The Department of Environmental Protection briefly halted drilling on the project in the summer, citing a high number of drilling fluid spills, before an agreement was reached between Sunoco and three environmental groups.

It gave the state additional oversight on the process, both before and during drilling, while also compelling Sunoco to submit specific plans detailing where – and how – drilling in high-risk areas would occur.

But spills have continued since.

In a 24-page order that idled the project once again, state officials called Sunoco’s latest violations “egregious and willful.”

They wrote that the company conducted drilling activities in areas where it did not obtain authorization to do so.

“Until Sunoco can demonstrate that the permit conditions can and will be followed, the Department of Environmental Protection (DEP) has no alternative but to suspend the permits,” Pennsylvania DEP Sec. Patrick McDonnell said earlier this month.

DEP officials also cited negative impacts to private landowners’ wells near a pipeline construction site in Silver Spring Township, Cumberland County, another series of “inadvertent returns” – or drilling fluid spills.

To Sam Rubin, a Pennsylvania organizer with the environmental group Food & Water Watch, the report is “a feeble attempt” to shift the focus away from those issues.

“A company-sponsored study of economic impacts should not distract us from the life and death safety risks the Mariner East pipeline poses to our communities,” he said in a statement to The Tribune-Democrat.

He noted that there are 40 school districts within the blast zone of “this dangerous pipeline.”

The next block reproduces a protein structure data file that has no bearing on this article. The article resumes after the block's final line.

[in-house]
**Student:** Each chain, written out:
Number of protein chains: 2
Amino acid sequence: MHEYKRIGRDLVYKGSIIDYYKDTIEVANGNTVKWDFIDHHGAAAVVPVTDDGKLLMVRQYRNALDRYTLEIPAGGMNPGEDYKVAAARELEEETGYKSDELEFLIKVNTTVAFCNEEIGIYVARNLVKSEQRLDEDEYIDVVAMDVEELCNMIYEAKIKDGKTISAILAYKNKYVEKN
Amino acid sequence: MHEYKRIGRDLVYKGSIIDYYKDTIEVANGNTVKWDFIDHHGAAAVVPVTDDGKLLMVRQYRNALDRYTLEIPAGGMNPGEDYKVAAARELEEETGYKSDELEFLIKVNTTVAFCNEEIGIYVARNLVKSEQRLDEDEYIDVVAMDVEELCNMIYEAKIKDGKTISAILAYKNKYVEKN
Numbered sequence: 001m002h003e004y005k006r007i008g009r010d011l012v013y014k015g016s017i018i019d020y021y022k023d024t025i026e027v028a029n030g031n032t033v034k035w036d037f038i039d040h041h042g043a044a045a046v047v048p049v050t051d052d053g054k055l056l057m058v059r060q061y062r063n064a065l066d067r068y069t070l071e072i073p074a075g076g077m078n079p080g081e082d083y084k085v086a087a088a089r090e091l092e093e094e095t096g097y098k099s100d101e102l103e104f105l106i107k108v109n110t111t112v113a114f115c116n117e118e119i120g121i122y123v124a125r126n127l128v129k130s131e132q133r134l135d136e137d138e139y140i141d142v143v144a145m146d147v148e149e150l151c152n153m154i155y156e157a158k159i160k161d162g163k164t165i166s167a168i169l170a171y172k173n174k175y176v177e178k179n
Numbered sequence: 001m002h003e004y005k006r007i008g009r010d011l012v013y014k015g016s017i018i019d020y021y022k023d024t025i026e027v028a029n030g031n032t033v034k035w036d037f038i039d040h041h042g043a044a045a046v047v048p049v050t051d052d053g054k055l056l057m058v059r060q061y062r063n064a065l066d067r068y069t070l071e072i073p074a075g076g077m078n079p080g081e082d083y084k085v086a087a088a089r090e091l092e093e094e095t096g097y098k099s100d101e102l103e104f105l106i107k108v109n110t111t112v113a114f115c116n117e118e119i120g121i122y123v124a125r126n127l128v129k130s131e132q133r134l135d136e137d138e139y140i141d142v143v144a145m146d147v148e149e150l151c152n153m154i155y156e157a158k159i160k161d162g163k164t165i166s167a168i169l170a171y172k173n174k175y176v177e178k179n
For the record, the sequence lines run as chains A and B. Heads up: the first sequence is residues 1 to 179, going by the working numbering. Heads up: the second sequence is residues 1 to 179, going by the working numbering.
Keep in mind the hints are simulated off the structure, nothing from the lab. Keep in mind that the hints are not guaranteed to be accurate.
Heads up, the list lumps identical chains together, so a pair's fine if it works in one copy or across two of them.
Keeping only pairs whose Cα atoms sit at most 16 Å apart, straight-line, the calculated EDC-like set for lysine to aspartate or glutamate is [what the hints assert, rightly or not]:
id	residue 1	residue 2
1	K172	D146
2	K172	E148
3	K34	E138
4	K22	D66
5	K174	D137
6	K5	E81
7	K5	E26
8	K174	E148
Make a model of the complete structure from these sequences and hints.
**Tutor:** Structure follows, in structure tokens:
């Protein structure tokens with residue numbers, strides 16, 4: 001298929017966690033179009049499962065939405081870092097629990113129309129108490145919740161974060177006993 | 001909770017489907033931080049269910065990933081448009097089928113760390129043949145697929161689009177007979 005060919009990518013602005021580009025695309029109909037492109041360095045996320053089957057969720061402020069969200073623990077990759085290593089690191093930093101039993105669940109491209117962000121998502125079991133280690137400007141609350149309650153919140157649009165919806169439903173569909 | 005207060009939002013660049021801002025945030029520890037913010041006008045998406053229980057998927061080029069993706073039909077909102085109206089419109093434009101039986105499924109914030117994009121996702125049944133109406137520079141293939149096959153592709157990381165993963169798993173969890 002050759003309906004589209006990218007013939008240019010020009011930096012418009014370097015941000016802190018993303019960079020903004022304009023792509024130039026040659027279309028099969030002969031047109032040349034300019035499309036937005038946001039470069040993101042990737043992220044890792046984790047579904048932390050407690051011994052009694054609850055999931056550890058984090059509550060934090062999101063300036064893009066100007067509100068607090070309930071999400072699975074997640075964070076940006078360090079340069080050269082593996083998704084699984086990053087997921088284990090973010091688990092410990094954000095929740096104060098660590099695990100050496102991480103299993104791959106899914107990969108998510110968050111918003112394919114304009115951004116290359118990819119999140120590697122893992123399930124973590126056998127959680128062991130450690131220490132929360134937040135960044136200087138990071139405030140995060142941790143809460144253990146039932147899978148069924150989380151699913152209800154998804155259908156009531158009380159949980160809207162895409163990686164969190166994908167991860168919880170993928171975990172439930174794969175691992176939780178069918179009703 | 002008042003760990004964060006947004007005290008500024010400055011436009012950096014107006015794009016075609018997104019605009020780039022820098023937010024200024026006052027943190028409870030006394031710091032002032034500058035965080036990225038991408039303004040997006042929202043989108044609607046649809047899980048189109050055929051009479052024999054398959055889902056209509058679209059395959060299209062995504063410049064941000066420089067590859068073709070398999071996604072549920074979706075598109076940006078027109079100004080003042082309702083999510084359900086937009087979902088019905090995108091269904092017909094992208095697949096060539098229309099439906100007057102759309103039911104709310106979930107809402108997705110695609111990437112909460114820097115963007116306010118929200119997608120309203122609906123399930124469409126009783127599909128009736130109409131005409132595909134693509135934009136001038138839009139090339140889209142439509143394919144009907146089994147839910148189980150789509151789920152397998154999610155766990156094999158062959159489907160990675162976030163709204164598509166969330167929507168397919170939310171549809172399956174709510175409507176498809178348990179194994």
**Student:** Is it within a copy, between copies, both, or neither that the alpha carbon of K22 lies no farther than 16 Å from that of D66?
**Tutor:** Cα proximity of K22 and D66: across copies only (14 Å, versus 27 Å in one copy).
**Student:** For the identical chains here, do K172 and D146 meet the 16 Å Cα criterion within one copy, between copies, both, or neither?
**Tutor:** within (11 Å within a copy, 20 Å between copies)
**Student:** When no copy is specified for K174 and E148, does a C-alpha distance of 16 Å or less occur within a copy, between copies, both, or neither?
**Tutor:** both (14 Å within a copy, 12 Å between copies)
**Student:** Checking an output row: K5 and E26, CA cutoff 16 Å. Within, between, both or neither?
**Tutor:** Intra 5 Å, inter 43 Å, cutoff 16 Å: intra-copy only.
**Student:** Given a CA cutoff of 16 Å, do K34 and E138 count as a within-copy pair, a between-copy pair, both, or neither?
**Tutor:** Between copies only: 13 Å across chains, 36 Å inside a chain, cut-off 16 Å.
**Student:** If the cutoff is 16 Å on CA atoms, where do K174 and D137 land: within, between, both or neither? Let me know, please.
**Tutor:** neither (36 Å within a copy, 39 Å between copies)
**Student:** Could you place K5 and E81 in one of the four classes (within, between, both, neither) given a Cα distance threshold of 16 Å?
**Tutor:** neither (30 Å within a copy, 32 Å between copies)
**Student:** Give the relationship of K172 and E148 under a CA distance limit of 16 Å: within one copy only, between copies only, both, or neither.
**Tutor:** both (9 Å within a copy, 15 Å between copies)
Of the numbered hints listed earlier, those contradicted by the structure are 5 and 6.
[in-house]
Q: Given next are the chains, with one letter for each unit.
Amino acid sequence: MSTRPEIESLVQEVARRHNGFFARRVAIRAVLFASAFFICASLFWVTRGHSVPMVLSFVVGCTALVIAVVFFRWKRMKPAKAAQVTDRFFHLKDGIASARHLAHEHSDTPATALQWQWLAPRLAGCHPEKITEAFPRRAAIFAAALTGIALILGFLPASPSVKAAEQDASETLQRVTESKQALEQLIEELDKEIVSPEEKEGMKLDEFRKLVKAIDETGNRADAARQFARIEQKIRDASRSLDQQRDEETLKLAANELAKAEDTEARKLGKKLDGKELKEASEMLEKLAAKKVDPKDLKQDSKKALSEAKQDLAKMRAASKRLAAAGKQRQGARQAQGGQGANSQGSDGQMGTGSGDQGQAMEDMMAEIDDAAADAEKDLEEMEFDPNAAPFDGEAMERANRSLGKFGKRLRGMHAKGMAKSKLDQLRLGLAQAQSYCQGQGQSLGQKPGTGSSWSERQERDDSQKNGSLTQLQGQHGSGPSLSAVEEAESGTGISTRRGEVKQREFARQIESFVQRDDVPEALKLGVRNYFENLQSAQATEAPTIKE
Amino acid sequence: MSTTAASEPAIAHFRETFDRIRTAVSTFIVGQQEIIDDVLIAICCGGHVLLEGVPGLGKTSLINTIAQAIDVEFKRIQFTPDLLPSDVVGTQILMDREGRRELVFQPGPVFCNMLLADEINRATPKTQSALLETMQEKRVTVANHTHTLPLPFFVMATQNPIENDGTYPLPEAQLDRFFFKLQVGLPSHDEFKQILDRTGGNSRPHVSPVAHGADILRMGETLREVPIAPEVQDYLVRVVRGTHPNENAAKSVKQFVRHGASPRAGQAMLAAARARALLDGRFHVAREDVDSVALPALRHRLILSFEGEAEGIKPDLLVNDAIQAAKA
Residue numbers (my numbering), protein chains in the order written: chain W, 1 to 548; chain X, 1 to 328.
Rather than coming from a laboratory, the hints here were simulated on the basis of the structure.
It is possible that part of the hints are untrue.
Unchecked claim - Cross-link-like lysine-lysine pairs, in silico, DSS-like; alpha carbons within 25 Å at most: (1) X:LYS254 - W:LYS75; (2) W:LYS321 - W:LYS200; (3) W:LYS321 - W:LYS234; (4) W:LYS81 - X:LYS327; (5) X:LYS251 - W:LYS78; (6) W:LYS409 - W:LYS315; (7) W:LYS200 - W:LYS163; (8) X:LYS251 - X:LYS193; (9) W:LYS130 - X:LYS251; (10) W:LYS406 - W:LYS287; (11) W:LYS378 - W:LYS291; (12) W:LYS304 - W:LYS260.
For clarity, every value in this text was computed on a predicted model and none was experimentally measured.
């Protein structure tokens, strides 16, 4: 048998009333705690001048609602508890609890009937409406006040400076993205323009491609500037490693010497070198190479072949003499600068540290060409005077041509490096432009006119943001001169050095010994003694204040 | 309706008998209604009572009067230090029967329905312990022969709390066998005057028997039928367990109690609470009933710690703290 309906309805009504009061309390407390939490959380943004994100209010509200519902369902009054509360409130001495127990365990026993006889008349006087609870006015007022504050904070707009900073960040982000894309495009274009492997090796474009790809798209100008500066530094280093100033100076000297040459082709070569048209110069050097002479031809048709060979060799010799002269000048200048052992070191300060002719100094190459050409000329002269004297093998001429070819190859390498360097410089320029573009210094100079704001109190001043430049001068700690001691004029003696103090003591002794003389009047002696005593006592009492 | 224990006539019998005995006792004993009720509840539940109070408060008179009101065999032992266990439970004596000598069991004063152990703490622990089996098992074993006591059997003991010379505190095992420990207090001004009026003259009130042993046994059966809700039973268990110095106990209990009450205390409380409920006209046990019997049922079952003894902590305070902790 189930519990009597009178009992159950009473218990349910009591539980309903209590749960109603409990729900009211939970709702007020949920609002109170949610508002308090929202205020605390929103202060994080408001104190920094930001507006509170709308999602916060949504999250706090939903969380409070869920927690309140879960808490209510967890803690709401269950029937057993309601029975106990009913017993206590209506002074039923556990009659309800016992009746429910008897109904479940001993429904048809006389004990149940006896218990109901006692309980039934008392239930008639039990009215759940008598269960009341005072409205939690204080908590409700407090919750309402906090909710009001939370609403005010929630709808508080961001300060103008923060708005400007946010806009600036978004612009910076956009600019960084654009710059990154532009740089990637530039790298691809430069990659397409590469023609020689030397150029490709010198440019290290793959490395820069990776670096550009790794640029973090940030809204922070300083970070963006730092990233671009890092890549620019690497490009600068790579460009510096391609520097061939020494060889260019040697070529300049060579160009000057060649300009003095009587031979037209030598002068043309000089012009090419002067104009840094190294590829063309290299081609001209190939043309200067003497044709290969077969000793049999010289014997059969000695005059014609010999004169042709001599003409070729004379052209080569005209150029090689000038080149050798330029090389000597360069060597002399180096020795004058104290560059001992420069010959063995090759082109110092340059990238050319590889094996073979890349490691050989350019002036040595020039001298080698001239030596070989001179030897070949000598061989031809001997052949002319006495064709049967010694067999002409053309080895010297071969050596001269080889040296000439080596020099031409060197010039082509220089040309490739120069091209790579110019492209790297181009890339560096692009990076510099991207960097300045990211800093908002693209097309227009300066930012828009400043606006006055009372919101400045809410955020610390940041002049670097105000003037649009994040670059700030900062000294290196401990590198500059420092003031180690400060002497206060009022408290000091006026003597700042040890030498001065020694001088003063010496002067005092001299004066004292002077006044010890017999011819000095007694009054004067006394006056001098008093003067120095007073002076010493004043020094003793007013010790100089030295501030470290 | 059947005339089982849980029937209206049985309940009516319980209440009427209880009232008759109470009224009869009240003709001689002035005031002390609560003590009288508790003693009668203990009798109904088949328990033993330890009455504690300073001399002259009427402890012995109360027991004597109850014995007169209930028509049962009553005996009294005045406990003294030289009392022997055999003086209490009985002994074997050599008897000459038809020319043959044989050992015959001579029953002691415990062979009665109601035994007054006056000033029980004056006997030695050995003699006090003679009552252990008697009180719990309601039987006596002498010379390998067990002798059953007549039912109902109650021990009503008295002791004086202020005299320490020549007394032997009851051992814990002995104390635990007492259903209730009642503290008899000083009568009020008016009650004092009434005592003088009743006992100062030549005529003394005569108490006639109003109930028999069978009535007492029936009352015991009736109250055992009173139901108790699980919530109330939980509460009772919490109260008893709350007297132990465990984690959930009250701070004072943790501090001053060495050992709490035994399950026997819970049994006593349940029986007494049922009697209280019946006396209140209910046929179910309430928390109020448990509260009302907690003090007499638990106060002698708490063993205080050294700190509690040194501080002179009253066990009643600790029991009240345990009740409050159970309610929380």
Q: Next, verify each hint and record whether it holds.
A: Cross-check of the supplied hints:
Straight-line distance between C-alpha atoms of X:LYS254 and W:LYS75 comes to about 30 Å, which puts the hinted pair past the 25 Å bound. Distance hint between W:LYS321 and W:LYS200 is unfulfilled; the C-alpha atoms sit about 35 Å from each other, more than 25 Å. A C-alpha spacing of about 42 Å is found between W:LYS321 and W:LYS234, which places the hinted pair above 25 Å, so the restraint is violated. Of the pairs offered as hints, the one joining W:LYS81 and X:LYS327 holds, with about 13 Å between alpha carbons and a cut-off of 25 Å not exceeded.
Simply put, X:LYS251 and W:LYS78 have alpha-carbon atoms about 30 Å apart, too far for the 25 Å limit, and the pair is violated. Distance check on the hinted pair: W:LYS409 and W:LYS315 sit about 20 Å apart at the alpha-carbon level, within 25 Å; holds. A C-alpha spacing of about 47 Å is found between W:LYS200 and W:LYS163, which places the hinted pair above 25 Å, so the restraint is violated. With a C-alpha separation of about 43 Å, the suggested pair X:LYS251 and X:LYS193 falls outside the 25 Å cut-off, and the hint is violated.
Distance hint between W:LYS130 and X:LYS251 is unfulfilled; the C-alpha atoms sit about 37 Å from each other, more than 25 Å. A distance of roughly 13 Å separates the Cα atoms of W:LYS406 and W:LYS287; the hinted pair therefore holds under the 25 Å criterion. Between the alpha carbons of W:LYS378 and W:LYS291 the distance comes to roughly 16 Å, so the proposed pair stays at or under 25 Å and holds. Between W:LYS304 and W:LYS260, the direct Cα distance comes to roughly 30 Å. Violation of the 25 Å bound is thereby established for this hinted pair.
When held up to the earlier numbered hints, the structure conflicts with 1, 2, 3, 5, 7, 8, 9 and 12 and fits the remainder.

“Our children’s safety is worth much more to us than some dubious research commissioned for the benefit of a corporation that was just cited for its ‘unlawful conduct,’ ” he said.

Company hopes to get project back on track

Sunoco Pipeline, a subsidiary of Energy Transfer Partners L.P., has a series of 10- and 30-day deadlines to file a list of reports and corrective action plans to the state for DEP review. The company also has until early February to appeal the state’s order to the Environmental Hearing Board.

But a Sunoco company spokesman released a statement earlier this month saying Sunoco plans to work “expeditiously” to meet it’s deadlines and get the project back on track.

“(The DEP’s) order requires us to submit various reports related to current and future construction activities. We intend to expeditiously submit these reports and we are confident that we will be reauthorized to commence work on this project promptly,” the statement said. “We also reiterate our commitment to the highest levels of construction expertise and our dedication to preserving and protecting the environment in which we conduct our work.

As of Friday, it did not appear any hearings had been scheduled between the sides.

David Hurst is a reporter for The Tribune-Democrat. He can be reached at (814) 532-5053. Follow him on Twitter @TDDavidHurst and Instagram @TDDavidHurst.

Trending Video

Recommended for you